Which makes me think of the 10,000 hours. What luxury, to have that time to grow and screw up. That’s right: to screw up. I know, I know that to some of you, the idea of SEWING FOR 10,000 HOURS seems like a death sentence–I am a big fan of getting to the meat without flibberty-gibbeting around first. But don’t you see?? That’s the message we’re losing! What if the 10,000 hours IS the meat?? And we’re missing it. Maybe it’s the journey, and not the destination.
I’m not in sewing because I want to be an expert. That isn’t my goal. That isn’t my Point B, to be an expert, no matter that my LinkedIn profile says “Aspiring Sewing Guru” (it was kind of a joke). I’m in sewing because I love the endless, endless challenge of it. I love that there is an unlimited vastness of variation. It’s the same sensation I get when I walk into a library: I am overwhelmed with excitement and can’t wait to read ALL THE BOOKS. When I taught school, though, I took a class to the library once, and one of my less-naturally-academically-talented students said, quietly, just to me, “Man, it’s like the books are reminding me that I’ll never be able to read them all. Makes me not even want to start.” What a huge moment to stand in someone else’s shoes that was–what a very different picture of the world and of possibility.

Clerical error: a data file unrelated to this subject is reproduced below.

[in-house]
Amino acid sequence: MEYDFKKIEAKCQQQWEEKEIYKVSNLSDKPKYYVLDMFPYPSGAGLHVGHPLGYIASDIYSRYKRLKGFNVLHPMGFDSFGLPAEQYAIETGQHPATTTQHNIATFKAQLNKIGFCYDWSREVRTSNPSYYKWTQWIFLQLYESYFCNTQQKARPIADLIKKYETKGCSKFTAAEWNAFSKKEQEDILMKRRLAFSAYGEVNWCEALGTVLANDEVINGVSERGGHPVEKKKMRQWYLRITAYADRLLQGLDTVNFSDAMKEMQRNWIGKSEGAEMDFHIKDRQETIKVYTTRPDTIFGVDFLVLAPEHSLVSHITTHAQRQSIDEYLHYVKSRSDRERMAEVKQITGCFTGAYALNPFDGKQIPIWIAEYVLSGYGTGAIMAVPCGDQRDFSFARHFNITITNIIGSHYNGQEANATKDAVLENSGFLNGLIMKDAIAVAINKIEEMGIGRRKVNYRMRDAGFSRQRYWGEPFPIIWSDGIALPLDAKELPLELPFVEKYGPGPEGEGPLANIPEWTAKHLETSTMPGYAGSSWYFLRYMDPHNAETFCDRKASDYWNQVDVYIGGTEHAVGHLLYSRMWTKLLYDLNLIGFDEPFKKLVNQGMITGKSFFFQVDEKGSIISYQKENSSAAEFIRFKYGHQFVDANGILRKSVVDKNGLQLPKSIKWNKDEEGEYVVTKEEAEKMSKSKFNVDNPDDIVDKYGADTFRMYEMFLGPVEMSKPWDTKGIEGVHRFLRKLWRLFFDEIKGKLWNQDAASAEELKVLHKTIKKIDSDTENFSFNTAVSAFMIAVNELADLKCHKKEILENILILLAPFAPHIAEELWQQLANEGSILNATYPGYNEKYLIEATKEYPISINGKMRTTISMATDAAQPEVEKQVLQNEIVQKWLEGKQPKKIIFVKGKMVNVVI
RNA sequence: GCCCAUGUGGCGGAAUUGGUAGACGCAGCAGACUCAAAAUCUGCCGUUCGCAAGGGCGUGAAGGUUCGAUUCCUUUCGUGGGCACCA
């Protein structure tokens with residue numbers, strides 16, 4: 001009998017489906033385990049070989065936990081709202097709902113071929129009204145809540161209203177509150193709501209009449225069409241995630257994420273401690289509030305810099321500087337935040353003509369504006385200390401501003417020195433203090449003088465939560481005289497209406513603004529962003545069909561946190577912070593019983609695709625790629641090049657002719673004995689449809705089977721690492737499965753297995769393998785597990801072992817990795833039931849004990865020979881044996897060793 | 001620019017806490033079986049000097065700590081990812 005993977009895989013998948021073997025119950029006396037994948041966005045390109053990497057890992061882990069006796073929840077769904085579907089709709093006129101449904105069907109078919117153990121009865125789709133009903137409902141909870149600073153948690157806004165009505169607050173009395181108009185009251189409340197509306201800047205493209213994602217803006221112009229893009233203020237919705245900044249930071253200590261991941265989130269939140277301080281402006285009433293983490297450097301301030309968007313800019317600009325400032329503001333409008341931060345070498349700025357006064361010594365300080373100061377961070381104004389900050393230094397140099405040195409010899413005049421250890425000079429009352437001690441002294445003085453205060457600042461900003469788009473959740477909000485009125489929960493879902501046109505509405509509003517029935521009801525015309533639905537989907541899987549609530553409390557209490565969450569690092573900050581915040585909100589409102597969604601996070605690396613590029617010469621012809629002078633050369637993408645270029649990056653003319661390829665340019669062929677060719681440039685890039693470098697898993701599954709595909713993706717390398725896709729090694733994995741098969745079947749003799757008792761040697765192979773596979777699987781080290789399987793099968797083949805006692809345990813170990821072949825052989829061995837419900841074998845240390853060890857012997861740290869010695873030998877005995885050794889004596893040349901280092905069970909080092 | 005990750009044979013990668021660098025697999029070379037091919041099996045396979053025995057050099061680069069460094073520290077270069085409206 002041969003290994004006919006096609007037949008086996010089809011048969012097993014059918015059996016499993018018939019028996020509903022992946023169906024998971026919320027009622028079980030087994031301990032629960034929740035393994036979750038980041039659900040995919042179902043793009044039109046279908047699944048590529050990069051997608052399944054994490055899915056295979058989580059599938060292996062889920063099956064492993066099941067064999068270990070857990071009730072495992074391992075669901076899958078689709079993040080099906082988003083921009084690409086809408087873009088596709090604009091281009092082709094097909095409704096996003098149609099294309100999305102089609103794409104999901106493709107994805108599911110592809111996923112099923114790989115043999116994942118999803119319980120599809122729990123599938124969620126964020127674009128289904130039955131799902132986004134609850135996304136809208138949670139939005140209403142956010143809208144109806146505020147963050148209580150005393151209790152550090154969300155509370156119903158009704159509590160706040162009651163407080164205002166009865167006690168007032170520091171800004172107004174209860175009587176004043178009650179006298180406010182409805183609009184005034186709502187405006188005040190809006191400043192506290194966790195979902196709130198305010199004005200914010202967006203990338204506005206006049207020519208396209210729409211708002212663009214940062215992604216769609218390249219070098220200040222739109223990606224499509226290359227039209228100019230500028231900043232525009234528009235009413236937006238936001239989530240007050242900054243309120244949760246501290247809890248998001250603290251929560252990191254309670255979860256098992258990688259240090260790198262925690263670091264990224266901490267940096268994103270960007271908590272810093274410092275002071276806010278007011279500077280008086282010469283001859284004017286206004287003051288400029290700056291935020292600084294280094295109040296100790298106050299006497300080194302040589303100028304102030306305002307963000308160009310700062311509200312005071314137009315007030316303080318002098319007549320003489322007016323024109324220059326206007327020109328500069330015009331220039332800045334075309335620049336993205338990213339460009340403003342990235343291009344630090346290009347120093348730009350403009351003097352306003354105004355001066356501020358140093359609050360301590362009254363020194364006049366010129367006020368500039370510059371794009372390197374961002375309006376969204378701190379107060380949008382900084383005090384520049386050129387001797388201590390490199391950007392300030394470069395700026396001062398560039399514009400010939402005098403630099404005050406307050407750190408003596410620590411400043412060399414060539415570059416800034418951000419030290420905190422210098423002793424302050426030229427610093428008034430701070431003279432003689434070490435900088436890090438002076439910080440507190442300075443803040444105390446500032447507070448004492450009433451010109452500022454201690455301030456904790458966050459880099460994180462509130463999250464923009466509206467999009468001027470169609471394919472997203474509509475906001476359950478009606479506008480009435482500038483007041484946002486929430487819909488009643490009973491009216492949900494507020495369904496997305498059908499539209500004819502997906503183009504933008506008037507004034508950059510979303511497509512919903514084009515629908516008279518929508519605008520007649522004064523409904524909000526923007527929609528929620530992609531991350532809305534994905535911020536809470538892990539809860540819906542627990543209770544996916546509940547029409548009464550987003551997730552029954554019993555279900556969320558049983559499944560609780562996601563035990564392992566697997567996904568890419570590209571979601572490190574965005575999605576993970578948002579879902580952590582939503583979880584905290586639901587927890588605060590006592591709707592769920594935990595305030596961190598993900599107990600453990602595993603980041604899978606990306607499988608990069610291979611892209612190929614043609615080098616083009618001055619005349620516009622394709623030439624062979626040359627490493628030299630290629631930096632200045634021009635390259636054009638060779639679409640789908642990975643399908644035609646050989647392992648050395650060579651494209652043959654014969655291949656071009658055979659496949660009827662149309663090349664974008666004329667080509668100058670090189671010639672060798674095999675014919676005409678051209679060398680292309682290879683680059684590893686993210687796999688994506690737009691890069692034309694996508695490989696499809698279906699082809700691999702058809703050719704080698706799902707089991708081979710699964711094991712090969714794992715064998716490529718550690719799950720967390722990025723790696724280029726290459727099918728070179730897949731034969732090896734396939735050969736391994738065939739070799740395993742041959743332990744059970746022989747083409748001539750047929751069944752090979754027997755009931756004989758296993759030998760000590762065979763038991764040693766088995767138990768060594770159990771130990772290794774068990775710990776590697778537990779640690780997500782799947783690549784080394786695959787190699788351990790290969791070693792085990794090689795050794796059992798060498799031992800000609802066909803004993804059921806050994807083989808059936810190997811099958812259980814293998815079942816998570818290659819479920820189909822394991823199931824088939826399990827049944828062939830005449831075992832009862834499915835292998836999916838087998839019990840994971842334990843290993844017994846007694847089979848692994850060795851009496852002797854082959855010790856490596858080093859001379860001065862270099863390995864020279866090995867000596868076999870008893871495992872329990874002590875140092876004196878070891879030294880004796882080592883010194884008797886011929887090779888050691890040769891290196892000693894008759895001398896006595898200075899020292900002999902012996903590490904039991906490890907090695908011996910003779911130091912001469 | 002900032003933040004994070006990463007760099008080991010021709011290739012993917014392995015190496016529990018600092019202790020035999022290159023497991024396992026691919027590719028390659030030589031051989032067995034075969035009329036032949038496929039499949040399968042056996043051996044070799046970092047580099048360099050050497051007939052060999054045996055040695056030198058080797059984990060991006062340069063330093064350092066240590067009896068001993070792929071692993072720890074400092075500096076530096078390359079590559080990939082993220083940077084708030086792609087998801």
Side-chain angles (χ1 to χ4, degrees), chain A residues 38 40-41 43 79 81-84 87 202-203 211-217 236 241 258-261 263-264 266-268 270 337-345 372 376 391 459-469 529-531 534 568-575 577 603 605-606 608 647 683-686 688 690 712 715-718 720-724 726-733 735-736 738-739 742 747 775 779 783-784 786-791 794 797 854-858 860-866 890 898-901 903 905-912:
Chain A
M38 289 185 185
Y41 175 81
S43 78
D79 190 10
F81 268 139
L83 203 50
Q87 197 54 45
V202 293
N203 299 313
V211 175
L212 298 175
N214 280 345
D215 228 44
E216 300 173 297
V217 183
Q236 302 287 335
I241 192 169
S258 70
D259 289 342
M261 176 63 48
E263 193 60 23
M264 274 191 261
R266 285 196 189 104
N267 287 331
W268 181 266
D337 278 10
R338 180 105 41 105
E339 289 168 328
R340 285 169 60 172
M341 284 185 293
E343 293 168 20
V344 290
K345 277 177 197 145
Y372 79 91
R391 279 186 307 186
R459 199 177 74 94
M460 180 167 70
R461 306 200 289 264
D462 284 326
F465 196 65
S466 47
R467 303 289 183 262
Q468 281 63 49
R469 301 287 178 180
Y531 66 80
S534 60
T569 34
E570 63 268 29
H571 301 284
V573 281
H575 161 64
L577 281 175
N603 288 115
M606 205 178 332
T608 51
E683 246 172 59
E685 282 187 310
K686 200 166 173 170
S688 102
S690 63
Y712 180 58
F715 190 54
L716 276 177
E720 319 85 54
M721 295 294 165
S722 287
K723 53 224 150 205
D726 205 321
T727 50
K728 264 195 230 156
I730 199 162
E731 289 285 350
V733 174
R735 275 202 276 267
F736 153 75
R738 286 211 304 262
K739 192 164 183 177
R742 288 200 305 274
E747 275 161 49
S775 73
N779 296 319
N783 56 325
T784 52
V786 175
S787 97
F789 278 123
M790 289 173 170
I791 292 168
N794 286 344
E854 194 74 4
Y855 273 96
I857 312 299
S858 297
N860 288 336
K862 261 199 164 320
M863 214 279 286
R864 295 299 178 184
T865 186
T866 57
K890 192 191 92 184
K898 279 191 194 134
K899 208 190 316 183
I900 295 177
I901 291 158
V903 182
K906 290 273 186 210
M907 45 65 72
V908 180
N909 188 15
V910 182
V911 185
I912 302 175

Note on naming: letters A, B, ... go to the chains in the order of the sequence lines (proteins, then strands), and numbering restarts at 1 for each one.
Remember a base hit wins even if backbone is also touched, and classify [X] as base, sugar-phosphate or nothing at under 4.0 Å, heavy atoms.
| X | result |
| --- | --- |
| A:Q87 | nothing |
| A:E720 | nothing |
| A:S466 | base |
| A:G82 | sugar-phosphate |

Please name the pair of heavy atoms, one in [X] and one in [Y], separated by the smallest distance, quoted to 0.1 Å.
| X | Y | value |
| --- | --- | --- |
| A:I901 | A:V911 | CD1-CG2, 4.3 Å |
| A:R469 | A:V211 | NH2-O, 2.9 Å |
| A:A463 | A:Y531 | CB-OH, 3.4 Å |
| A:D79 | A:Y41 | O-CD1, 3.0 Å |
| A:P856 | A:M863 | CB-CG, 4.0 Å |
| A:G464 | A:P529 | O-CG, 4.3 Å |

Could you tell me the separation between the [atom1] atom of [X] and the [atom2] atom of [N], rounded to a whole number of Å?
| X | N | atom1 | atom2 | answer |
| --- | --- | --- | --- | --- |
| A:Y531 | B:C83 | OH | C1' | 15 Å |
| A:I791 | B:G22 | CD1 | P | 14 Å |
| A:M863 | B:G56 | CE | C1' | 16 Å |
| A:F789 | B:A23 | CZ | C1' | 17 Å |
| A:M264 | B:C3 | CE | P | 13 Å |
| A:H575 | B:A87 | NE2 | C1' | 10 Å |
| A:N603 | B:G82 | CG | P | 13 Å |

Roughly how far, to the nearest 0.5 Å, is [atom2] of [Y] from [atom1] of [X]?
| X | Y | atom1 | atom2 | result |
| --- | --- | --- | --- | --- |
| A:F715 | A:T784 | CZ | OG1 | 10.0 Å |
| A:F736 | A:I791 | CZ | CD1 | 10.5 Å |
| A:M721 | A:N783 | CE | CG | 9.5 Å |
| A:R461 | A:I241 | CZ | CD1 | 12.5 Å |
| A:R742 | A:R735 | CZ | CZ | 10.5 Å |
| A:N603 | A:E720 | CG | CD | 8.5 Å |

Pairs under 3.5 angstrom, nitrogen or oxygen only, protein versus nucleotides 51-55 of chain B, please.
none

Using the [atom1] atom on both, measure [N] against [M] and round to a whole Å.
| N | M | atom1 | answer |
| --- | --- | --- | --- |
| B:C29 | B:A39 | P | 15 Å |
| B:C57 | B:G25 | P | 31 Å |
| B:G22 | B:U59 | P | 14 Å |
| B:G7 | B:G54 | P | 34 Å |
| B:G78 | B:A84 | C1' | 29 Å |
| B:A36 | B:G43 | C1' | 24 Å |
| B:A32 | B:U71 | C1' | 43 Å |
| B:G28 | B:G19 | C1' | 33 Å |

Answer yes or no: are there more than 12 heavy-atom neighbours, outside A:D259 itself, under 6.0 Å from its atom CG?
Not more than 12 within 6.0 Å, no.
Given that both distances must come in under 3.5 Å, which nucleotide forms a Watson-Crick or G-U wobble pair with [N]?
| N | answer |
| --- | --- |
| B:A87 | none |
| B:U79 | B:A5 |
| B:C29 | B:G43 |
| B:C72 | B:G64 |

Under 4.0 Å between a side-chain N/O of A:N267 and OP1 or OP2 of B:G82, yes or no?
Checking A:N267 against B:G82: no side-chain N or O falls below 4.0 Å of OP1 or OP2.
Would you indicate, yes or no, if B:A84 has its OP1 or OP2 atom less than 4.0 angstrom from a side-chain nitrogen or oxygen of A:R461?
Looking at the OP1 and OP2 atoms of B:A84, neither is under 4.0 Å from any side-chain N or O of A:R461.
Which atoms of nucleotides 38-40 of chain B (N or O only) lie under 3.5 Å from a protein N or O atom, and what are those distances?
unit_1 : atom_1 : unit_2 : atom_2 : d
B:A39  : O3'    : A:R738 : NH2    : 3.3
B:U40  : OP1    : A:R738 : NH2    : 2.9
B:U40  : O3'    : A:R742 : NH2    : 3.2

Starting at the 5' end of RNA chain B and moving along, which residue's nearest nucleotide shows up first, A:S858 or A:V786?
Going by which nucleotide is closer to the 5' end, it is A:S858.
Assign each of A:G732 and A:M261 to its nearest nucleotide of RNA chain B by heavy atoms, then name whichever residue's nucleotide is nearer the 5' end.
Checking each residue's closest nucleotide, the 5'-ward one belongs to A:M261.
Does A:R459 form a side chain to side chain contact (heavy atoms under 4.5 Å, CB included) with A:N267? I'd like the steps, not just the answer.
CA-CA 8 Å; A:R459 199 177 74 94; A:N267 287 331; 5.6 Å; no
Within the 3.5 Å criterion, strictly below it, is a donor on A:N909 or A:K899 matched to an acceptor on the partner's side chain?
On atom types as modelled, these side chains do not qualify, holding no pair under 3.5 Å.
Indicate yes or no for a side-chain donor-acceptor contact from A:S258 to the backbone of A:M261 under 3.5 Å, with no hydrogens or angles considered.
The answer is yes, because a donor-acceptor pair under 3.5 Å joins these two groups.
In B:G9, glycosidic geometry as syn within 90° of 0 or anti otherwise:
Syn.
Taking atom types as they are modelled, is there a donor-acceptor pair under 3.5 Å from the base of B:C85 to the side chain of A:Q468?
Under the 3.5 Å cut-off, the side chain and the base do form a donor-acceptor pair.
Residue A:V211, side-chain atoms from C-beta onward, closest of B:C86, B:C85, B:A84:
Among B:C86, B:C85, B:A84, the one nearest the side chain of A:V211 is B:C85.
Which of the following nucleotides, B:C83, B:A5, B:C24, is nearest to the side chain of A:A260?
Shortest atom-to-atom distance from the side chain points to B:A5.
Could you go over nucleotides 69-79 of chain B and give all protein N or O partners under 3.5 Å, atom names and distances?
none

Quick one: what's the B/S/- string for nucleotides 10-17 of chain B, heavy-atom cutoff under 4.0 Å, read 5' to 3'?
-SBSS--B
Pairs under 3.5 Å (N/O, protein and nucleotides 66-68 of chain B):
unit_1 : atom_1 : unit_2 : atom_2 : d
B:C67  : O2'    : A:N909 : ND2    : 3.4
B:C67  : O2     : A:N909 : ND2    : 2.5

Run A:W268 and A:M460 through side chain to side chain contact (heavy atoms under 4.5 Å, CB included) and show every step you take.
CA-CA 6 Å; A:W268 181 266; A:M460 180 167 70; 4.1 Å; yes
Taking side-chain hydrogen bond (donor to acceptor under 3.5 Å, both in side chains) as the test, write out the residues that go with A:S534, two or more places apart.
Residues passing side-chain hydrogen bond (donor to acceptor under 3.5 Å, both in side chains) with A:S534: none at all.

I see the 10,000 hours not as a burden, not as a reminder that I’ll never be an expert, but rather as an OPPORTUNITY. What luxury! To have 10,000 hours where I can make absolute garbage and it WON’T MATTER. You know why? Because I won’t BE an expert yet. How great is that? We don’t give ourselves much margin in this internet age. We, the first world, have become so accustomed to being great at things right out of the gate that we don’t cut ourselves much slack, or give ourselves much rope. But all great explorers took along a lot of rope. You never know when you might discover a cliff that needs to be scaled, or a fabulous mountain to climb.
At the end of my life, both my actual life and my sewing journey, I want to leave a legacy. I want to have worked to learn something new and share it with others. I don’t think I will learn that new something if I expect to be an expert TODAY. I need that 10,000 hours of practicing, of making mistakes, of being inspired, of being dissatisfied, of being frustrated, of being overwhelmingly proud, of being upset, of being excited, of learning and discovering and exploring senseless ideas just to see where that path leads–even if it’s to nowhere and I have to start all over. Margin is glorious, because it gives us room to invent new things, and room to make mistakes.
I don’t know how many hours I have under my belt at this point. Not 10,000. No matter where I am or where you are, though, I want my outlook to be about discovery and innovation. Even if that outlook leads me down the wrong path to start with. Even if sometimes that innovation means putting a donkey head on a backpack and standing back and the only word is, “Ew.”